“Wind River”


            “Wind River” is a rough-edged tale of the New West.  It may be Spring elsewhere, but it's still freezing in rural Wyoming.  On the Indian Reservation, life is always hardscrabble.  Not many great jobs.  A scattering of small-time ranchers.  Some roughneck oil field workers.  Some under-the-radar drifters and slackers.  Not much soft cosmopolitanism.  No metro males here. 

            Cory Lambert (Jeremy Renner) officially works for the Fish and Wildlife Department, but really, he's a game tracker.  He hunts the predators who are killing the herds.  He drives a truck where he can, a snowmobile when necessary, and walks when he has to.  There's a fierce independence about him, and a sadness, also, which we begin to understand when we learn that he lost his teenage daughter, which apparently tore apart his marriage, as well.  He sees his young son sometimes, but he finds there's not much gas left in his emotional tank.

            One snowy day, while tracking a mountain lion, he happens to find a human corpse----a young woman who's apparently been murdered.  This brings not only the local law enforcement, in the person of the BIA sheriff, Ben (Graham Greene), but also the FBI, in the person of Jane Banner (Elizabeth Olsen).  Ben is wise, practical, and knowledgeable, but tending toward the world-weary, from facing the seemingly insoluble social problems on the reservation where he lives and works.  Jane is a green tinhorn who at least has sense enough to know when to accept help.  She and Cory make an unlikely pairing, and they usually want to go in opposite directions.  She wants to go around asking questions of everybody, he wants to go out alone and investigate the tracks in the snow, and learn from them.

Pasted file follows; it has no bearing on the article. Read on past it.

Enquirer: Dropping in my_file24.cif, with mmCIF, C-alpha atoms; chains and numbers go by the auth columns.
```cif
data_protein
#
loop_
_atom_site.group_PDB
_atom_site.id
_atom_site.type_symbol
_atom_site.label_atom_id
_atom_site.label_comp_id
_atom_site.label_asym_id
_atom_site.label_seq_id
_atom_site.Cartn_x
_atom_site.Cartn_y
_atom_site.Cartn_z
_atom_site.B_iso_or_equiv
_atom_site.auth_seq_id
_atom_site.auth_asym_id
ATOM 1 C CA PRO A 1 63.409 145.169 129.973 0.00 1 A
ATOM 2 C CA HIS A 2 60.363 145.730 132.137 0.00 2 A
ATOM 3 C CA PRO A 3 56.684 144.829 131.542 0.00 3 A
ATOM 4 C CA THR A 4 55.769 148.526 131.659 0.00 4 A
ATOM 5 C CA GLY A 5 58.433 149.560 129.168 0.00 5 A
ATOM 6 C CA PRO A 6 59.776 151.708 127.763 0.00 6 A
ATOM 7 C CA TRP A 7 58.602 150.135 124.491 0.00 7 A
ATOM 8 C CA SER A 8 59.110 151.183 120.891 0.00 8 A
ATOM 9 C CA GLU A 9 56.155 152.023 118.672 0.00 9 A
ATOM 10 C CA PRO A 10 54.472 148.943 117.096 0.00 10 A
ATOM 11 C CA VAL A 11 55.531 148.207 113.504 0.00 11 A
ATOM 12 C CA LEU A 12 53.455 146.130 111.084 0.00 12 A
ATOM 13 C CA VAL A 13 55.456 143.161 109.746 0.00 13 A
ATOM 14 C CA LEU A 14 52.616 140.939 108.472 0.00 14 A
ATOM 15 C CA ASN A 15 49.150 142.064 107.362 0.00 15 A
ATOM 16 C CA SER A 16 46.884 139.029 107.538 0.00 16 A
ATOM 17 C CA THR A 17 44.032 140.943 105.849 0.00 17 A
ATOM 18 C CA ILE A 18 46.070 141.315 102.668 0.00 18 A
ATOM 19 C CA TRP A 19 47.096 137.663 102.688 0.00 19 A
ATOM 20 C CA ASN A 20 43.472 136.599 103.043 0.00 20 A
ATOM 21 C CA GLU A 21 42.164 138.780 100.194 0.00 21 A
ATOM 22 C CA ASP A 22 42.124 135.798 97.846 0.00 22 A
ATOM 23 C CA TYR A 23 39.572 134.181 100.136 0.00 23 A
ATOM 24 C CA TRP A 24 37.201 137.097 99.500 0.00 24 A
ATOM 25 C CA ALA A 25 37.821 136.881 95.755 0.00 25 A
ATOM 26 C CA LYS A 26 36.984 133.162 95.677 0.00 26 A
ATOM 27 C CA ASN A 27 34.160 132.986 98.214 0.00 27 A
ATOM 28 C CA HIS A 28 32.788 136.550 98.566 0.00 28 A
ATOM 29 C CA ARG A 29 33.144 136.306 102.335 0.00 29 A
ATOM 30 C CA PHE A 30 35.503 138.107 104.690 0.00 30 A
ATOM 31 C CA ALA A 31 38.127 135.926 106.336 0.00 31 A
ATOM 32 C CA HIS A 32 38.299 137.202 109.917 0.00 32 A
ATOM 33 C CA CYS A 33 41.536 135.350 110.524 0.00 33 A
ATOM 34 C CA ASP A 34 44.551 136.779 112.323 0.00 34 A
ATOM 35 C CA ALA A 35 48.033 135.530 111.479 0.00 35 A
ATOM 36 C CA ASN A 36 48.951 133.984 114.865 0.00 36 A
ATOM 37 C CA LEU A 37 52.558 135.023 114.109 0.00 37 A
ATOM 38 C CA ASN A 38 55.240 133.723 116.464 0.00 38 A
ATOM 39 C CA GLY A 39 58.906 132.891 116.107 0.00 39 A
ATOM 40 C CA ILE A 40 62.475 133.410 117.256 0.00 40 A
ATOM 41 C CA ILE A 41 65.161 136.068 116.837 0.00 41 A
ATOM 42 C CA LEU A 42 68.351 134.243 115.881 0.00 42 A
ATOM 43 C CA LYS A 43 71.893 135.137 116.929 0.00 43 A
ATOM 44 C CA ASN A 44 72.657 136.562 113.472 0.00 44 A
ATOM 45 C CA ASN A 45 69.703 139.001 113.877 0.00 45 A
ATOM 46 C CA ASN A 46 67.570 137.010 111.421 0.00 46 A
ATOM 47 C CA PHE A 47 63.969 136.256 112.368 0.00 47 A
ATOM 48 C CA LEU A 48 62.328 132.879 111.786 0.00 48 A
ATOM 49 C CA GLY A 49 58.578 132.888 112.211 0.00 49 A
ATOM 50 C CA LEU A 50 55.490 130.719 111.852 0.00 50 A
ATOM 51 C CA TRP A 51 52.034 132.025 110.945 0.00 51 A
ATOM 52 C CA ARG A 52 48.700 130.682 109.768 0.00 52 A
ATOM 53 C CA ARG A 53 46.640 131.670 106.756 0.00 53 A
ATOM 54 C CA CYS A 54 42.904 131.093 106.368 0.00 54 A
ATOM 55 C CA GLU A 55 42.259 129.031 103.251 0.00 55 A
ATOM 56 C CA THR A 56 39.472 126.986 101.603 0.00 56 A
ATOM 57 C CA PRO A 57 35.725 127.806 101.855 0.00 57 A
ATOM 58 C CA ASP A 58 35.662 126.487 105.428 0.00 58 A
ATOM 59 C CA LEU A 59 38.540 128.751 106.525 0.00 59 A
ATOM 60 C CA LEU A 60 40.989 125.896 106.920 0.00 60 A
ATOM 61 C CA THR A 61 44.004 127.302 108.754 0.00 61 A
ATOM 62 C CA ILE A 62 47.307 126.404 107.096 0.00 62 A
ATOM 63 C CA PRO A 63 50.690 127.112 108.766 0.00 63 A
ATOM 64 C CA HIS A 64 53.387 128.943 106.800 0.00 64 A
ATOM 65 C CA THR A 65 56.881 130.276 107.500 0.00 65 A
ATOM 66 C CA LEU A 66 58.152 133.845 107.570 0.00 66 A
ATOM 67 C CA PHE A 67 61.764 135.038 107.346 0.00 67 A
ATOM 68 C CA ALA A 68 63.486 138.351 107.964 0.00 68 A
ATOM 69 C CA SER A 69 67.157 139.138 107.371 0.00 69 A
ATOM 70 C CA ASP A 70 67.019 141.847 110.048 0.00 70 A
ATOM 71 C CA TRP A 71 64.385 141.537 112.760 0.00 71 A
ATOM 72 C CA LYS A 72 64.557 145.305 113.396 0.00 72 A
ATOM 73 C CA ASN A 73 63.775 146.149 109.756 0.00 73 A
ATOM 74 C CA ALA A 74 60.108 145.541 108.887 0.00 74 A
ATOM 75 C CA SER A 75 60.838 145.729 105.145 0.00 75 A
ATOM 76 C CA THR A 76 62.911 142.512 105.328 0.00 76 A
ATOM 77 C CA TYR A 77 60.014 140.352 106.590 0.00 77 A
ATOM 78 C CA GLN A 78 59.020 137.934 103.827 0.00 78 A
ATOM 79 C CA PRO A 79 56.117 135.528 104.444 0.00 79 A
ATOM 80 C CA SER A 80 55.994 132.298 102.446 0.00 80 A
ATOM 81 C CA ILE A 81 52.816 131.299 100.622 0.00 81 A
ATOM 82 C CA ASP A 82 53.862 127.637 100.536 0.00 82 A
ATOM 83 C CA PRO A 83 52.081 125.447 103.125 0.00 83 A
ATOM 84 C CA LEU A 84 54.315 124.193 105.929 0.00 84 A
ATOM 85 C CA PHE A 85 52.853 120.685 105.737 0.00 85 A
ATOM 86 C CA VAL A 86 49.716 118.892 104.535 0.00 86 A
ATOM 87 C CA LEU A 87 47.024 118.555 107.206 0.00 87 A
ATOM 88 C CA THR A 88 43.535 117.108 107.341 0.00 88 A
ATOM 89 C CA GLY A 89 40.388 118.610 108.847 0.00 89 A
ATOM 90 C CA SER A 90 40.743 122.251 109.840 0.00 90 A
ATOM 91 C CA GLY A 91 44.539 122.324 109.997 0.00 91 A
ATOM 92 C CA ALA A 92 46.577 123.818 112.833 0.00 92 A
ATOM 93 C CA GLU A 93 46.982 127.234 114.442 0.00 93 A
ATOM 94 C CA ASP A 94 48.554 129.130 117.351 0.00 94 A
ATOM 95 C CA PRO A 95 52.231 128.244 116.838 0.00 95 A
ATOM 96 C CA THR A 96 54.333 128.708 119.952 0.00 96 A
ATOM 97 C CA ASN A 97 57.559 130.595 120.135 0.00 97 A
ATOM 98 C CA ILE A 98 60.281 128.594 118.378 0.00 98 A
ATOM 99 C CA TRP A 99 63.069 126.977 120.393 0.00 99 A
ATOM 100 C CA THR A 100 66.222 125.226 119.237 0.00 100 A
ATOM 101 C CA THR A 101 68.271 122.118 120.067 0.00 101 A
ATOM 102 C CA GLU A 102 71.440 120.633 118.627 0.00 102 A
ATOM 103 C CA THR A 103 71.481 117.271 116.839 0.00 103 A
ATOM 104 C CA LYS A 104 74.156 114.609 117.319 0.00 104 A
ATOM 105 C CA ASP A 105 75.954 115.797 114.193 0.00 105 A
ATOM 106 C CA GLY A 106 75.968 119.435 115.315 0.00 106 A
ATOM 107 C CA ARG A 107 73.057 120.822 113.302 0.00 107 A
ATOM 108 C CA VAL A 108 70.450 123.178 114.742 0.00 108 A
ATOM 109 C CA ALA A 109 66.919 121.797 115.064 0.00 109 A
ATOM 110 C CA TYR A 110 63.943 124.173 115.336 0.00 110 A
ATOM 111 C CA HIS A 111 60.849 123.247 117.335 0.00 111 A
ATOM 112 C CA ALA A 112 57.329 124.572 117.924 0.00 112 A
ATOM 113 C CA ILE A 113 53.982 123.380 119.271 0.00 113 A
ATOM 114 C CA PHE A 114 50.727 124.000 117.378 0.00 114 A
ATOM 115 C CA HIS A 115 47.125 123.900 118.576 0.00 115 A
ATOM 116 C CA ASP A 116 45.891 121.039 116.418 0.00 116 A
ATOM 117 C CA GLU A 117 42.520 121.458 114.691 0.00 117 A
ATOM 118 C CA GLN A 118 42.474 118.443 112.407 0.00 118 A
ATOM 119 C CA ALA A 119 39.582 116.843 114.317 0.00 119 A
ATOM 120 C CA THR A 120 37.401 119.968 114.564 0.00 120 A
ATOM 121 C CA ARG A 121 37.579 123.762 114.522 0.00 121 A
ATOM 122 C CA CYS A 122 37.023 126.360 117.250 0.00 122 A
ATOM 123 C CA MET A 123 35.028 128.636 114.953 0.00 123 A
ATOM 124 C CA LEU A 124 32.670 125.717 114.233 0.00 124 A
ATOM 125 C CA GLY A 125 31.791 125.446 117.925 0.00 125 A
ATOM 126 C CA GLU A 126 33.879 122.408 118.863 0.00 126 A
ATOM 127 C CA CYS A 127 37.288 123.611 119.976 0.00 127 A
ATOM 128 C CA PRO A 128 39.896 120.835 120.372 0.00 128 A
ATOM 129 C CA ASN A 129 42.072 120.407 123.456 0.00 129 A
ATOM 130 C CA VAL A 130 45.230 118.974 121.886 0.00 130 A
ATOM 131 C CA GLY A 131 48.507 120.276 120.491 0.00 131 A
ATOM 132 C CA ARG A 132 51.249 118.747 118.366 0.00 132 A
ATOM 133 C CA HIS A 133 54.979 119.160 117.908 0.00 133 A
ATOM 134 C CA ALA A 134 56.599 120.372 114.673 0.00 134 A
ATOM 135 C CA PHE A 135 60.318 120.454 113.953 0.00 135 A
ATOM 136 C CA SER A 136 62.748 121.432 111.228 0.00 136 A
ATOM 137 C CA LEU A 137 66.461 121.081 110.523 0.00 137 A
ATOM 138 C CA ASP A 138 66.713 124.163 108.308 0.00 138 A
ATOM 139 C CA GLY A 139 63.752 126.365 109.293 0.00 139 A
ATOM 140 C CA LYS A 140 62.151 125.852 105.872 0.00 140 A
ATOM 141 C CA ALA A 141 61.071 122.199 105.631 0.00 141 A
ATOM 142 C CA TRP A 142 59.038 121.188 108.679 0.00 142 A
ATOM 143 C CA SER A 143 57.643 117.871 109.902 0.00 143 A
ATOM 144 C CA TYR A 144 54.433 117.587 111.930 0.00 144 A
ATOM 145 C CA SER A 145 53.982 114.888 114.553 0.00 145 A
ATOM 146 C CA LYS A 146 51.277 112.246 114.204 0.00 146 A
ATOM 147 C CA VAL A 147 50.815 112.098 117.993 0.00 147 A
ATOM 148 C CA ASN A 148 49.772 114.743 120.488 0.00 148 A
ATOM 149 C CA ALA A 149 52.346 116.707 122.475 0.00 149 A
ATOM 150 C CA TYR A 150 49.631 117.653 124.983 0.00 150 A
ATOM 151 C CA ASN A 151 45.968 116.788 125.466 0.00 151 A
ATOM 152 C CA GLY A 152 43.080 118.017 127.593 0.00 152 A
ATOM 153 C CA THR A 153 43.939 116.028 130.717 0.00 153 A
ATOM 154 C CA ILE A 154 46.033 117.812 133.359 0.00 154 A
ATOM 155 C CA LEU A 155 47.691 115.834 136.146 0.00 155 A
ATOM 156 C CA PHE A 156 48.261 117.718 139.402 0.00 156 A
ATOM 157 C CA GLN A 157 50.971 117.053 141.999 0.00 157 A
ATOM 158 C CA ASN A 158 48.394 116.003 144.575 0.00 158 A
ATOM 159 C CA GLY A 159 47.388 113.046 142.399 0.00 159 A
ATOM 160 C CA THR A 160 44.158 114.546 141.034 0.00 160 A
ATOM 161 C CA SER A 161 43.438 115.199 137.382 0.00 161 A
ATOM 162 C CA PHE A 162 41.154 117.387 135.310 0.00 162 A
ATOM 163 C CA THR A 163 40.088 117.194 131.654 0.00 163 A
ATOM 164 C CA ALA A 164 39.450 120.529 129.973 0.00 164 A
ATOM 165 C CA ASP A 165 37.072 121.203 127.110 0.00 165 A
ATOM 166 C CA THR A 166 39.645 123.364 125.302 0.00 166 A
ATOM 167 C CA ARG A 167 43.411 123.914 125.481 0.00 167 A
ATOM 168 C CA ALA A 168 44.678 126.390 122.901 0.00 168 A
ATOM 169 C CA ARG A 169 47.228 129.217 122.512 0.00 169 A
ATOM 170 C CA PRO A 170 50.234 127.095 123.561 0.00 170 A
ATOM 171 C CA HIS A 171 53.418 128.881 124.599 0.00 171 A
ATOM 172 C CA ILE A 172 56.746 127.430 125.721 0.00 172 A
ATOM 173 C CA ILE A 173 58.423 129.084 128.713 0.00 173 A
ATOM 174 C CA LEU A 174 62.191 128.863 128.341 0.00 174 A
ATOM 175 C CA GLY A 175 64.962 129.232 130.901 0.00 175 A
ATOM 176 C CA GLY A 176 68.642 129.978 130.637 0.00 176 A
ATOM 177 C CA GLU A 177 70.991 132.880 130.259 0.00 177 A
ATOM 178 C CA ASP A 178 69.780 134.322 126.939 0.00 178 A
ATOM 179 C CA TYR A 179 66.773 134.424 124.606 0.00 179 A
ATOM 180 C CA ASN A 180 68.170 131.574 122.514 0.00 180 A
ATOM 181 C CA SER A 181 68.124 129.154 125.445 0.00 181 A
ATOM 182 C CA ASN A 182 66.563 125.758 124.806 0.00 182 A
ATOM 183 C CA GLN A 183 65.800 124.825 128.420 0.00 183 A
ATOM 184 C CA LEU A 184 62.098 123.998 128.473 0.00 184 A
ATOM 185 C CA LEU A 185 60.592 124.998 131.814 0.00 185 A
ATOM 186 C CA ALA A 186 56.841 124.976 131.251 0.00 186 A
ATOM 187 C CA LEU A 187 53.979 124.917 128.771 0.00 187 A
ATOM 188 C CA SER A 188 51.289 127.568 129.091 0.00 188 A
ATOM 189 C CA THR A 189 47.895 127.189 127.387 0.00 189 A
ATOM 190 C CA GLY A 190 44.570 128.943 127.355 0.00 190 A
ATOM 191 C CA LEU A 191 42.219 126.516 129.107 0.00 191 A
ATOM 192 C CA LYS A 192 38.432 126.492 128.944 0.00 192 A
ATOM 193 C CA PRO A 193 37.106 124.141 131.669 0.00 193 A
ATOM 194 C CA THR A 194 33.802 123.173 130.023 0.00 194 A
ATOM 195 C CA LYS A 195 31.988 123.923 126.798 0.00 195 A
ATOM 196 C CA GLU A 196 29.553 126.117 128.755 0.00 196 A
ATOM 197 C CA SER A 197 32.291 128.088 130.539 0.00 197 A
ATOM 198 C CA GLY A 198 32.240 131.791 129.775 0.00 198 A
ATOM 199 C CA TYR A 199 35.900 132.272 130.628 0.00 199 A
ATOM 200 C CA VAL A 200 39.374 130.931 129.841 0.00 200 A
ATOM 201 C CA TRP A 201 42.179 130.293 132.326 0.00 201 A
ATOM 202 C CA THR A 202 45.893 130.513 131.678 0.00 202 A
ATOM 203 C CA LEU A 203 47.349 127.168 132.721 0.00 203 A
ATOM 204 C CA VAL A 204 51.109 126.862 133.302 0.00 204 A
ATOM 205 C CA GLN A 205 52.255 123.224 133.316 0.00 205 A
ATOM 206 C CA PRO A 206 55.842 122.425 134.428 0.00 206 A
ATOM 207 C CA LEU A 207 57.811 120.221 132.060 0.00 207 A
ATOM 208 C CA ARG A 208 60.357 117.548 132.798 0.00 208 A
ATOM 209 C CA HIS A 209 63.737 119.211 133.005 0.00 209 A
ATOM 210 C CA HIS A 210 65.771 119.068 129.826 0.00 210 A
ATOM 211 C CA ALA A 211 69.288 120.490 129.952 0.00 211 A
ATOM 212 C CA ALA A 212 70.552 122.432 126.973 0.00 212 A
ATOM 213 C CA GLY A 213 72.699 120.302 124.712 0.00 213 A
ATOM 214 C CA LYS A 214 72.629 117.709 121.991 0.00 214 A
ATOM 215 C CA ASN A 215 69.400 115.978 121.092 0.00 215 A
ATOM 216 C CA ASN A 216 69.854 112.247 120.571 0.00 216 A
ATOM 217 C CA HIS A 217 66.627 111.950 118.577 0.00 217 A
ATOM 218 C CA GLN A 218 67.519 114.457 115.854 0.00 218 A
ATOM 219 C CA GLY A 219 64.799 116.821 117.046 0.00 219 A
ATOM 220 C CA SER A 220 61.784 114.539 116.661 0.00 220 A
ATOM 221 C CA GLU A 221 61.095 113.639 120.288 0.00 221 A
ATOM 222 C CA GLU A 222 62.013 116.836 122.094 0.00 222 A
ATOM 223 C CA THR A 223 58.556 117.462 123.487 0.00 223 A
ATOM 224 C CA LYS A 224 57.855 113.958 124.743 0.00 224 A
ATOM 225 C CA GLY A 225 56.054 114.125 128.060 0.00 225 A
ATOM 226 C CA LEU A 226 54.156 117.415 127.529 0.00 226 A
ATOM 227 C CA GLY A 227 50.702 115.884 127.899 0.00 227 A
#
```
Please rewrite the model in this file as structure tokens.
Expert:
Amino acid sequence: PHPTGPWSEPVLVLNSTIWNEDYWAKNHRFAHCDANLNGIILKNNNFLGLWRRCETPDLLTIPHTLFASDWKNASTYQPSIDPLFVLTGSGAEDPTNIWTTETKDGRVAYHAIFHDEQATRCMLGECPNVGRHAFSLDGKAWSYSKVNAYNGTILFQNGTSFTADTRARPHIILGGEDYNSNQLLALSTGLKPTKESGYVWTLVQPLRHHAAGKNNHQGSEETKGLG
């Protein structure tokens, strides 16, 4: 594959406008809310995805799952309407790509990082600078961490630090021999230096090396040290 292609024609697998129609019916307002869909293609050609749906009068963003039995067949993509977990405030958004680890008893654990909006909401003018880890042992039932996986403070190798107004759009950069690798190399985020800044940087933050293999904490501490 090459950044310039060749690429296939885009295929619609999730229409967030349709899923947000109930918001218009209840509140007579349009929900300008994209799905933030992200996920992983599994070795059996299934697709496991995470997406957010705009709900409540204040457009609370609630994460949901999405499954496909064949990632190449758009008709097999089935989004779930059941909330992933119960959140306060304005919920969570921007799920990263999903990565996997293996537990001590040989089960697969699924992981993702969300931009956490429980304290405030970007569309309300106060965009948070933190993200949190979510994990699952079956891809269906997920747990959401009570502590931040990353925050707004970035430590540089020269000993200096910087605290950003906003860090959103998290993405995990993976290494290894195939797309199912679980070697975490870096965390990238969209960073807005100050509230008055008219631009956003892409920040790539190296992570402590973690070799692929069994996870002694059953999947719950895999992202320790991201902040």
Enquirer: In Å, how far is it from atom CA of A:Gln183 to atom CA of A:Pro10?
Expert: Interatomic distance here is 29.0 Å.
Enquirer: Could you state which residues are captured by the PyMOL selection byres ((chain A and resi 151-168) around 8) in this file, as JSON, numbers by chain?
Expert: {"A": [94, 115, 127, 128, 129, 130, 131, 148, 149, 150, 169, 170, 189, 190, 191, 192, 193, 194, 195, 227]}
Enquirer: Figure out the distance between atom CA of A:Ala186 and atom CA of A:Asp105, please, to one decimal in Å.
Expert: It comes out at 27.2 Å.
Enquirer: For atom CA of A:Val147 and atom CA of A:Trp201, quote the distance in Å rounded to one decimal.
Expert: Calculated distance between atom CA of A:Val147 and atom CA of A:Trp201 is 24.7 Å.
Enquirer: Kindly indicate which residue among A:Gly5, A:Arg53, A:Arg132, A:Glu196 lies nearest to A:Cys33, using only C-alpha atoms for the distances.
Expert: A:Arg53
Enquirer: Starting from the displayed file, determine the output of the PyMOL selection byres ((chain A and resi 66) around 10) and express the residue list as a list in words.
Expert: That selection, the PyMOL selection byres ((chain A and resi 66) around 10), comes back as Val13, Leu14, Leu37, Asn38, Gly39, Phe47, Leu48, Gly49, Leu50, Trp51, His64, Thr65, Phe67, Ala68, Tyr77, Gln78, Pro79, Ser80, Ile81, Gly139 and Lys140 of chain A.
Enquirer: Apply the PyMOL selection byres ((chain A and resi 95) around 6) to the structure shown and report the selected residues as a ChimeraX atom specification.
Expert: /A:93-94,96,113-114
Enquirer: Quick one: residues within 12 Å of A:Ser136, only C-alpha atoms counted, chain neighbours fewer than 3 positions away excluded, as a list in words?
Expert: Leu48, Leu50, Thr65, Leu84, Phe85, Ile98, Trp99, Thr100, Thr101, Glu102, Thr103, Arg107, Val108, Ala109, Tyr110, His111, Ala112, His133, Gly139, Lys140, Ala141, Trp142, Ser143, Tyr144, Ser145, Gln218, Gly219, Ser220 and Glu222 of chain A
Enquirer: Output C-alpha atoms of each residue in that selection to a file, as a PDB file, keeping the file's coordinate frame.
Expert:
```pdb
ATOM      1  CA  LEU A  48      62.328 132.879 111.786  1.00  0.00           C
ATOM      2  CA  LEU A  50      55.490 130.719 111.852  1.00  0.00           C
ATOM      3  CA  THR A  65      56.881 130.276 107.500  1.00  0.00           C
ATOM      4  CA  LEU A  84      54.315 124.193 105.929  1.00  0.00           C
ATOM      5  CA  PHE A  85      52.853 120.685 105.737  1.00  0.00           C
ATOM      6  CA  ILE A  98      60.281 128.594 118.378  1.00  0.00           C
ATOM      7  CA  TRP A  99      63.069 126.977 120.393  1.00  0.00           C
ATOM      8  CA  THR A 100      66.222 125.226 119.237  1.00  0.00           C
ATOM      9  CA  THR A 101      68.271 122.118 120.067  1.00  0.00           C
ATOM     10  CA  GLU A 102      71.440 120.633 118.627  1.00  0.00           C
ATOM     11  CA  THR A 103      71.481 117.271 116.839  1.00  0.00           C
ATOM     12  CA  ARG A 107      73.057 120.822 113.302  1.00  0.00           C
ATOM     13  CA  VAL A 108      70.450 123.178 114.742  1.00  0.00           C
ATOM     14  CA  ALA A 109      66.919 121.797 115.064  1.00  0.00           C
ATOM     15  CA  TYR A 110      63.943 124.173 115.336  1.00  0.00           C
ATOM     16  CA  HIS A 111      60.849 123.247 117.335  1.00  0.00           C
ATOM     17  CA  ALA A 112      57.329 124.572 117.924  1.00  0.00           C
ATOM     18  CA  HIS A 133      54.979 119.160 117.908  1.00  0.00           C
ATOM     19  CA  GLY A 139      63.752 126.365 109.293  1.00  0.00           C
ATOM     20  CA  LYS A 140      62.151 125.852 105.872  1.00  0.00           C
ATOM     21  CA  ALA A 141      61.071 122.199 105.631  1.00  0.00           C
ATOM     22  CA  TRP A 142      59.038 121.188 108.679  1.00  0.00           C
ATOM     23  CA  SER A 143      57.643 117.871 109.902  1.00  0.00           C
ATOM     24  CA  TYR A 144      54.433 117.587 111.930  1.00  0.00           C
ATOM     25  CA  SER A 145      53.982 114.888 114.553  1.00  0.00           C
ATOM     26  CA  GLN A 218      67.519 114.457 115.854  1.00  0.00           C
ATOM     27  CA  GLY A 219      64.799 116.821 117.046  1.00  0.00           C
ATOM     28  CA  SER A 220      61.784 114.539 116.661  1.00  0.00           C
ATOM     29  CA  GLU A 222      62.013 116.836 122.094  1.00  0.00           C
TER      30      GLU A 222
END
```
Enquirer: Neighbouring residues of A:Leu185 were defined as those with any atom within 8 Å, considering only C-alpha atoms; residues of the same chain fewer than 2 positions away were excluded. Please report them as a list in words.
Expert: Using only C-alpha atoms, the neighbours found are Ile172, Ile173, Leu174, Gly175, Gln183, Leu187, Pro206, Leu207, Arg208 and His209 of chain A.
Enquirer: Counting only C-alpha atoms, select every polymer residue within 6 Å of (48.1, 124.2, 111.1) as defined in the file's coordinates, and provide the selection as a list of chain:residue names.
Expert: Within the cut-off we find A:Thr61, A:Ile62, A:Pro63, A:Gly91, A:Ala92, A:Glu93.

The most poignant scenes are Cory's encounters with Martin (Gil Birmingham), the father of the deceased girl.  Martin does not want to grieve in front of strangers, and won't show his emotion to any FBI agent.  But Cory stands with him on his porch, and tells him about the time that he went to a grief group session, once, and one thing the counselor said stood out in his mind:  “I've got good news and bad news.  The bad news is you'll never get over it.  The good news is that if you allow yourself to feel the grief, then you'll retain the rest of your feelings about her, including the good memories.  But if you put yourself in a place where you don't feel the pain, you'll lose all your feelings for her, including the good ones.” 

            Well, it's better than most platitudes.  Martin's got a son left, as well, who's already gotten himself in trouble, but Cory says, “Go easy on him.  He needs you, and he's all you got left.”  And then he sits with his friend in silence for a while, just lending his empathetic presence.

            We could all use a friend like Cory.  Jane finds this out, too, as well as discovering that Cory's loyalties don't wane when the bullets start flying, either.

            It's a hard-edged story with very few soft and warm spots, but they're memorable.


Questions for Discussion:

1)                  What's the best time you've ever had in snow?  The worst?

2)                  When have you been put in a job situation where you had no idea what to do next?

3)                  When the chips are down, who's got your back?  And whose back do you have?


Dr. Ronald P. Salfen, DFW Film Critics Association